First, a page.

St. John’s Saves Medicare $17.6 Million During Five-Year Project.
Medicare patients are getting better care at Sisters of Mercy Health System (Mercy) locations in southwest Missouri and northwest Arkansas, and staff have saved $17.6 million on the cost of that care over five years.
Mercy’s savings come from five years of participation in Medicare Physician Group Practice (PGP) Demonstration Project. It is Medicare’s first Pay-for-Performance Demonstration Project to work directly with physician groups like the Mercy’s St. John’s Clinic. St. John’s monitored more than 30,000 patients with chronic conditions cared for by any of the nearly 500 integrated physicians treating patients at six Mercy hospitals and more than 70 Mercy St. John’s physician clinic offices in Mercy’s north Central region.
The practices in the PGP Demonstration are also recognized as prototypes for Accountable Care Organizations. The project demonstrates the benefits of Accountable Care Organizations, an initiative now written into the nation’s health care reform law.
All 10 participating physician groups have signed agreements for participation in the PGP Transition Demonstration (PGP TD). The PGP TD is a two-year project similar to the original project. At the end of the PGP TD, the PGP groups will be given the opportunity to transition to a Medicare Shared Savings Accountable Care Organization Program or an initiative in the Center for Medicare and Medicaid Innovation
Numbers for the fifth and final year were released recently. In the fifth year, St. John’s achieved 100% performance on all of the 32 quality measures. In addition, St. John’s saved more than $3.3 million by reducing costs to Medicare through quality improvement strategies and redesigning care.
Medical director for the project Dr. Jim Rogers, an internist in Springfield, Mo., said lessons learned included:
It's better to stay healthy than it is to treat an illness. Preventive care is less expensive care. Mercy devised a registry to track patient care and identify any gaps related to the 32 quality measures that CMS specifies for conditions such as diabetes, coronary artery disease and congestive heart failure, and preventive activities such as high blood pressure and colon and breast cancer screenings.
“I hear physicians say ‘I’m really taking better care of my patients now,’” Dr. Rogers said. “It all comes down to priorities and time. The tools we’ve developed help us to be a little more organized and focused on prevention. It’s also helped our patient see that good care is a collaborative effort that they participate in.”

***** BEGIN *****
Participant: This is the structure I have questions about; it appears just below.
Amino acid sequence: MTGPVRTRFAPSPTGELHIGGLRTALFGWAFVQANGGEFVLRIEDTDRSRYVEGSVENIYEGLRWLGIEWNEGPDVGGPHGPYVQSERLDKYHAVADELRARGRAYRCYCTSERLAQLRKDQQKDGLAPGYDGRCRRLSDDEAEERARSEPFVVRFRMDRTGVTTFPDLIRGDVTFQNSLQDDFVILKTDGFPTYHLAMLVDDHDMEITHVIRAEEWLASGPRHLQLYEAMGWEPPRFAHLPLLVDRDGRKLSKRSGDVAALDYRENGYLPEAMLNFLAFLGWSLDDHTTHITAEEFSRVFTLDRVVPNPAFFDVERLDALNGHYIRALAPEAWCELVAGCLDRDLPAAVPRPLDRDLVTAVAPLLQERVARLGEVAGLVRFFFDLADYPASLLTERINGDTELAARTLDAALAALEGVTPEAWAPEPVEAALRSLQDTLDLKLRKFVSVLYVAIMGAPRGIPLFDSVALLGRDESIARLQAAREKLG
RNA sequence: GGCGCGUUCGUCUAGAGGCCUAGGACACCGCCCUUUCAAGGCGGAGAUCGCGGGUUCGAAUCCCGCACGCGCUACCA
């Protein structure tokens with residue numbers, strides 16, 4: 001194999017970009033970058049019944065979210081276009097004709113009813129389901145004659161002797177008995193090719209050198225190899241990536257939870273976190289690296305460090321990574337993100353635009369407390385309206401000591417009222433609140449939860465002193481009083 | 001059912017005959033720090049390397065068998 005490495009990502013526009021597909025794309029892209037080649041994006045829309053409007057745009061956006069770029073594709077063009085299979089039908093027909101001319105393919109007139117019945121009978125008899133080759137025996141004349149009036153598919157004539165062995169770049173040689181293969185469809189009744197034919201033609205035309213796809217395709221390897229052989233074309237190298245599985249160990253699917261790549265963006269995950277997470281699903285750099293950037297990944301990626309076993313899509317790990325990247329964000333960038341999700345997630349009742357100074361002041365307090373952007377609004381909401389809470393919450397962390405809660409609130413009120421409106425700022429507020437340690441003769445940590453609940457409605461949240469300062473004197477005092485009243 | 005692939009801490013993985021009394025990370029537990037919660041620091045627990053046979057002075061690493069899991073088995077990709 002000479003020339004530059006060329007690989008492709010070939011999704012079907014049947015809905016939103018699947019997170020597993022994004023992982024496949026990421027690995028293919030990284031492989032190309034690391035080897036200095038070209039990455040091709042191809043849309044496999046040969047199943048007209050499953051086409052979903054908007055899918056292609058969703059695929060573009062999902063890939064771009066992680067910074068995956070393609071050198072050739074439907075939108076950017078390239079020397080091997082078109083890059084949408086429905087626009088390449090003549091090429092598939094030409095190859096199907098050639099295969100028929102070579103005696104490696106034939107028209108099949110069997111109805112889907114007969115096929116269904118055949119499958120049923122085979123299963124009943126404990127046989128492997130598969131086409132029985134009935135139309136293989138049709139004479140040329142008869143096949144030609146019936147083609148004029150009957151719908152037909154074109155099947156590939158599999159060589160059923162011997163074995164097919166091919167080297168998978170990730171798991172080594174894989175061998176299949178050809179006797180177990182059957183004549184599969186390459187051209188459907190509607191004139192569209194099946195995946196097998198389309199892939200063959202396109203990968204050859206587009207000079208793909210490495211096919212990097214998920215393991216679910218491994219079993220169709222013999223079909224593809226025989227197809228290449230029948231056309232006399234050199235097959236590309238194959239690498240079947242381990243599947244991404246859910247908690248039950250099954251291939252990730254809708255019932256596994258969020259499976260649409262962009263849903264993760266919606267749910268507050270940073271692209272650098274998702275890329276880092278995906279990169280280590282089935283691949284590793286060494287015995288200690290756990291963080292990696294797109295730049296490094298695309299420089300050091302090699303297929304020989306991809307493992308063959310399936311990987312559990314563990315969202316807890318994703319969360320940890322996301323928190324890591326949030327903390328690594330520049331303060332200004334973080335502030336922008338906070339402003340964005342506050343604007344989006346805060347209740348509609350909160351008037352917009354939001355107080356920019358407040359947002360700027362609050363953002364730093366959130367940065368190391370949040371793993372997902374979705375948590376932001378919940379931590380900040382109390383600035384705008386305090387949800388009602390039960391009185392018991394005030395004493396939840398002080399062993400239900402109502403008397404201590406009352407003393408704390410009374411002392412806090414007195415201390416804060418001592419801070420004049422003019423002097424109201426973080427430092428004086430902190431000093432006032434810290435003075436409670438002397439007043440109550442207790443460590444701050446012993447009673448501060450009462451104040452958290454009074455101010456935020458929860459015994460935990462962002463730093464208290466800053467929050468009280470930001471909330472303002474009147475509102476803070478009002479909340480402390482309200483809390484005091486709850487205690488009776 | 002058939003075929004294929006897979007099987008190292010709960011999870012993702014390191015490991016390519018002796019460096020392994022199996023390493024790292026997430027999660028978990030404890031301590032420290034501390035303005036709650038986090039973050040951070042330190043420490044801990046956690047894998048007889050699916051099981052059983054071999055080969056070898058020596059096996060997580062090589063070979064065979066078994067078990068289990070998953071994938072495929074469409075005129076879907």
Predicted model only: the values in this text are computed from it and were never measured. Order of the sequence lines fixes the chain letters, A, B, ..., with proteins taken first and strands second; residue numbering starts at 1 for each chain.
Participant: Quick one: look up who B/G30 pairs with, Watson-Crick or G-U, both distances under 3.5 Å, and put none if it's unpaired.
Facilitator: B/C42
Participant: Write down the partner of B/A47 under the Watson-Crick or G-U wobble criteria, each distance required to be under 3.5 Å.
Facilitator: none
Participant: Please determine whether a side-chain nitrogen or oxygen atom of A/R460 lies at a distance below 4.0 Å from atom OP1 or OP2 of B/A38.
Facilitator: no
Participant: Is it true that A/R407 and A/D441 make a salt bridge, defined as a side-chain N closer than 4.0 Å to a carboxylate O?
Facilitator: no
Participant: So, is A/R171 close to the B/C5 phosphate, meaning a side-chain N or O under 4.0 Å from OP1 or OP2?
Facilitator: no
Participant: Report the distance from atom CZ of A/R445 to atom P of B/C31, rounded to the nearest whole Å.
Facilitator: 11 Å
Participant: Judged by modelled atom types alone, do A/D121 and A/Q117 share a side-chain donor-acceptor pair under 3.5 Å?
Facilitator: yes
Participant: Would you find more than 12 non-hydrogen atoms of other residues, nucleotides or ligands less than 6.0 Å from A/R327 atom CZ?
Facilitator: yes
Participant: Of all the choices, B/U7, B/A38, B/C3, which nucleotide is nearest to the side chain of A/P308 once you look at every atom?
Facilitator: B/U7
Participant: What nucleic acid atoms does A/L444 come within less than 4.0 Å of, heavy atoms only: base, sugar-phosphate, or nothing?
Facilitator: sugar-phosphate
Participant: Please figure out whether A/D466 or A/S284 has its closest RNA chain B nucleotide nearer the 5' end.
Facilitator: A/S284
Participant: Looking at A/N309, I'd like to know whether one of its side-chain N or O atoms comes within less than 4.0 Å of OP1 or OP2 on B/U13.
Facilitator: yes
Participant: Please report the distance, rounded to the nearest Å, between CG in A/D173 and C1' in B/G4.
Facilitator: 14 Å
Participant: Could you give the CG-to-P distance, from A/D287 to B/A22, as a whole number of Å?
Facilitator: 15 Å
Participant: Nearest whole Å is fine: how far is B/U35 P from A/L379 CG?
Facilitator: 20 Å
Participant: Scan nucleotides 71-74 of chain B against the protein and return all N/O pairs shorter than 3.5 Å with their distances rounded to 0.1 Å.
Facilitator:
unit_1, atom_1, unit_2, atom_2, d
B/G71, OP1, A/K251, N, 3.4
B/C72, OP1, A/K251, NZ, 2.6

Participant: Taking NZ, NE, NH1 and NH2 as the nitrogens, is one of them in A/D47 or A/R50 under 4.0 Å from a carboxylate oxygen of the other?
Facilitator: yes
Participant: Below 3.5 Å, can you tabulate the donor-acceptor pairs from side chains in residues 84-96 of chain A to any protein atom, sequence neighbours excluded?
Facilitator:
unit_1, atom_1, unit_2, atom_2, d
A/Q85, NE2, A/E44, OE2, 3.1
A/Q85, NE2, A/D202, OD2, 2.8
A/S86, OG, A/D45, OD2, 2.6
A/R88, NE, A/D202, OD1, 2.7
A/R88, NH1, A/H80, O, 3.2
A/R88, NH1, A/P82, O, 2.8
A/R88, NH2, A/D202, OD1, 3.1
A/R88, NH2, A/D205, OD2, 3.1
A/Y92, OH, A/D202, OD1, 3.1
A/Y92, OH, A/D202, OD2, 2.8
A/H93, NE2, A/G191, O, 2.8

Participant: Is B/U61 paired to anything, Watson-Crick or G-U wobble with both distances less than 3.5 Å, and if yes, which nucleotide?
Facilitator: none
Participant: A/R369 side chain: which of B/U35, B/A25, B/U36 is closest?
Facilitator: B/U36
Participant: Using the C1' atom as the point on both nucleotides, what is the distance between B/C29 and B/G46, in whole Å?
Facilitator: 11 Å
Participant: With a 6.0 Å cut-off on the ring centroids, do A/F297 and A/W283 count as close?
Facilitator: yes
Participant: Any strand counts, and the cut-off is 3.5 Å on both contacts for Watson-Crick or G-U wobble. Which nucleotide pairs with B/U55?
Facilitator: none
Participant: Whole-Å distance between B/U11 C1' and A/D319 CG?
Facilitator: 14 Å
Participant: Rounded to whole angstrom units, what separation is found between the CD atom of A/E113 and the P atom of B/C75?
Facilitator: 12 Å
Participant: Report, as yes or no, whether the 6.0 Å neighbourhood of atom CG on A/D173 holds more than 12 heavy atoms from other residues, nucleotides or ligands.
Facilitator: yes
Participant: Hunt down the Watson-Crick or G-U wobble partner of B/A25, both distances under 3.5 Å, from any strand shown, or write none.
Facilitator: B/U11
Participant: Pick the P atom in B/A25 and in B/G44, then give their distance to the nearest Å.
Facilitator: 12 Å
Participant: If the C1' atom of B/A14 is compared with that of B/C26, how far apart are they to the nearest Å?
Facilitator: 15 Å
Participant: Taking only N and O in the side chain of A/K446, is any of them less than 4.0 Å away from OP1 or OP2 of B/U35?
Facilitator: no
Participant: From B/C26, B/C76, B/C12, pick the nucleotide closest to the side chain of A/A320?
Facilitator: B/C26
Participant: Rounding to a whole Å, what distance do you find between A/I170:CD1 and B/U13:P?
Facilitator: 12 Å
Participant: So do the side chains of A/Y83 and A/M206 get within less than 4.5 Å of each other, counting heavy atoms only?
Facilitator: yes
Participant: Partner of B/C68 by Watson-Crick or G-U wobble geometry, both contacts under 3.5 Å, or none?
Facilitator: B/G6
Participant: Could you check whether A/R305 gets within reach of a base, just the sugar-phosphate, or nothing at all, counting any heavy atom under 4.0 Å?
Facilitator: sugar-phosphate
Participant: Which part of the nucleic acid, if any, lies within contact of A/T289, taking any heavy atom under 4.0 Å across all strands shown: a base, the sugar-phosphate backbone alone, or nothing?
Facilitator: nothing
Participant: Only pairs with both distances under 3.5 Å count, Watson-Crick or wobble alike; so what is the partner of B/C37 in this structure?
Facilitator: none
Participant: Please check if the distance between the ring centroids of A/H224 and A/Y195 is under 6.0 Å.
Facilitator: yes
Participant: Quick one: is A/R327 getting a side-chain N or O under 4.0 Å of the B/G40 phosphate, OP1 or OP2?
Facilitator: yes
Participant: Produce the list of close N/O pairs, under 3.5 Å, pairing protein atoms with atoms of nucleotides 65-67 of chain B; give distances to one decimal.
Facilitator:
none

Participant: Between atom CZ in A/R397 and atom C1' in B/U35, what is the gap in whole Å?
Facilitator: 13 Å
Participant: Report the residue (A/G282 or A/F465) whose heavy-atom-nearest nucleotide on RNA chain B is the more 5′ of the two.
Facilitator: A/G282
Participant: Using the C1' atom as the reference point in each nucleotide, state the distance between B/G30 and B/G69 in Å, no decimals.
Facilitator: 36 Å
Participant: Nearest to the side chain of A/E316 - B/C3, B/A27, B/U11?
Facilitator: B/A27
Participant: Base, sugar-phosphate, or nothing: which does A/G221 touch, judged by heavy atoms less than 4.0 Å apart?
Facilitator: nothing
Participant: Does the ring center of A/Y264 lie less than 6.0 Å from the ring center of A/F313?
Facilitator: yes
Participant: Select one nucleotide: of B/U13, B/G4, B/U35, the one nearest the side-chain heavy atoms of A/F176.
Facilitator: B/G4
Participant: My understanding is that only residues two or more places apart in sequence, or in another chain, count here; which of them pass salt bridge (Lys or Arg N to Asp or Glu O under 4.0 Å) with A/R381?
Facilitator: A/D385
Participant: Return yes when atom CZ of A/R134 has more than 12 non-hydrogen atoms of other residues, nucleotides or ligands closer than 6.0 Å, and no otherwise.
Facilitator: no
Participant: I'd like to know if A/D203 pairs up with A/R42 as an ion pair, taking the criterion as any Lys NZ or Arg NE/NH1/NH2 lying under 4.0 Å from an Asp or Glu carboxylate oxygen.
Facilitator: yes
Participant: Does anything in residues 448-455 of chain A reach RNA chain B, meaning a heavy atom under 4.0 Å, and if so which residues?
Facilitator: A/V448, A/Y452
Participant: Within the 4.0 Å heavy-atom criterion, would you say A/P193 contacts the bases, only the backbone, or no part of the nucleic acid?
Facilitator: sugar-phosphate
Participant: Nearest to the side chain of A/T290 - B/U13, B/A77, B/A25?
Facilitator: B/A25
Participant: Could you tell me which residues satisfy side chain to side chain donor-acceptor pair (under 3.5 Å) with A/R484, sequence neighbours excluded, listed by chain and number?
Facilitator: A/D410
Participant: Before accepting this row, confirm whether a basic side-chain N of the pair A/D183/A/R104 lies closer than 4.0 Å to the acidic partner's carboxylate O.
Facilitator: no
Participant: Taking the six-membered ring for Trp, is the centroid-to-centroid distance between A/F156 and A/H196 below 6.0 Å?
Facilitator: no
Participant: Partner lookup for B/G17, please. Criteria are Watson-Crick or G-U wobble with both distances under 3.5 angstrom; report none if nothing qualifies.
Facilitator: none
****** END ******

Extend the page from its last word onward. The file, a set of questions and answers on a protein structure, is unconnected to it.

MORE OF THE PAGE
Coordinated and Well-Managed Care improves quality
Care redesign involved a wide range of tools, and engagement by clinics and other services throughout Mercy, said Donna Smith, director of medical management business development and one of the leaders of the demonstration project.
“For example, patients with heart failure are automatically enrolled in an interactive voice response technology program. They call in daily to a recorded message, and answer a series of questions. If their responses are outside the parameters, the information goes to a nurse who then contacts them.
“We also do things as basic as giving patients an educational reference book that provides them one place to list their medications, numbers to call and a questions they want to ask the next time they visit their doctor,” Smith added. “We focus on collaboration between inpatient case management and the outpatient case manager, because in many cases these patients have multiple health conditions.”
The results were announced in Washington, D.C., by the Centers for Medicare and Medicaid Services. CMS oversees the Medicare system and launched this demonstration project to promote investment in care management programs and redesigned care processes that might be used by doctors and hospitals nationwide.
Mercy St. John’s achieved both of the project’s aims: to provide the highest-quality care and reduce health care spending growth for all traditional Medicare patients, including those with costly chronic illnesses.
The other physician groups participating in the project are Billings Clinic, Billings, MT; Dartmouth-Hitchcock Clinic, Bedford, NH; The Everett Clinic, Everett, WA; Forsyth Medical Group, Winston-Salem, NC; Geisinger Clinic, Danville, PA; Marshfield Clinic, Marshfield, WI; Middlesex Health System, Middletown, CT; Park Nicollet Health Services, St. Louis Park, MN; and University of Michigan Health System, Ann Arbor, MI.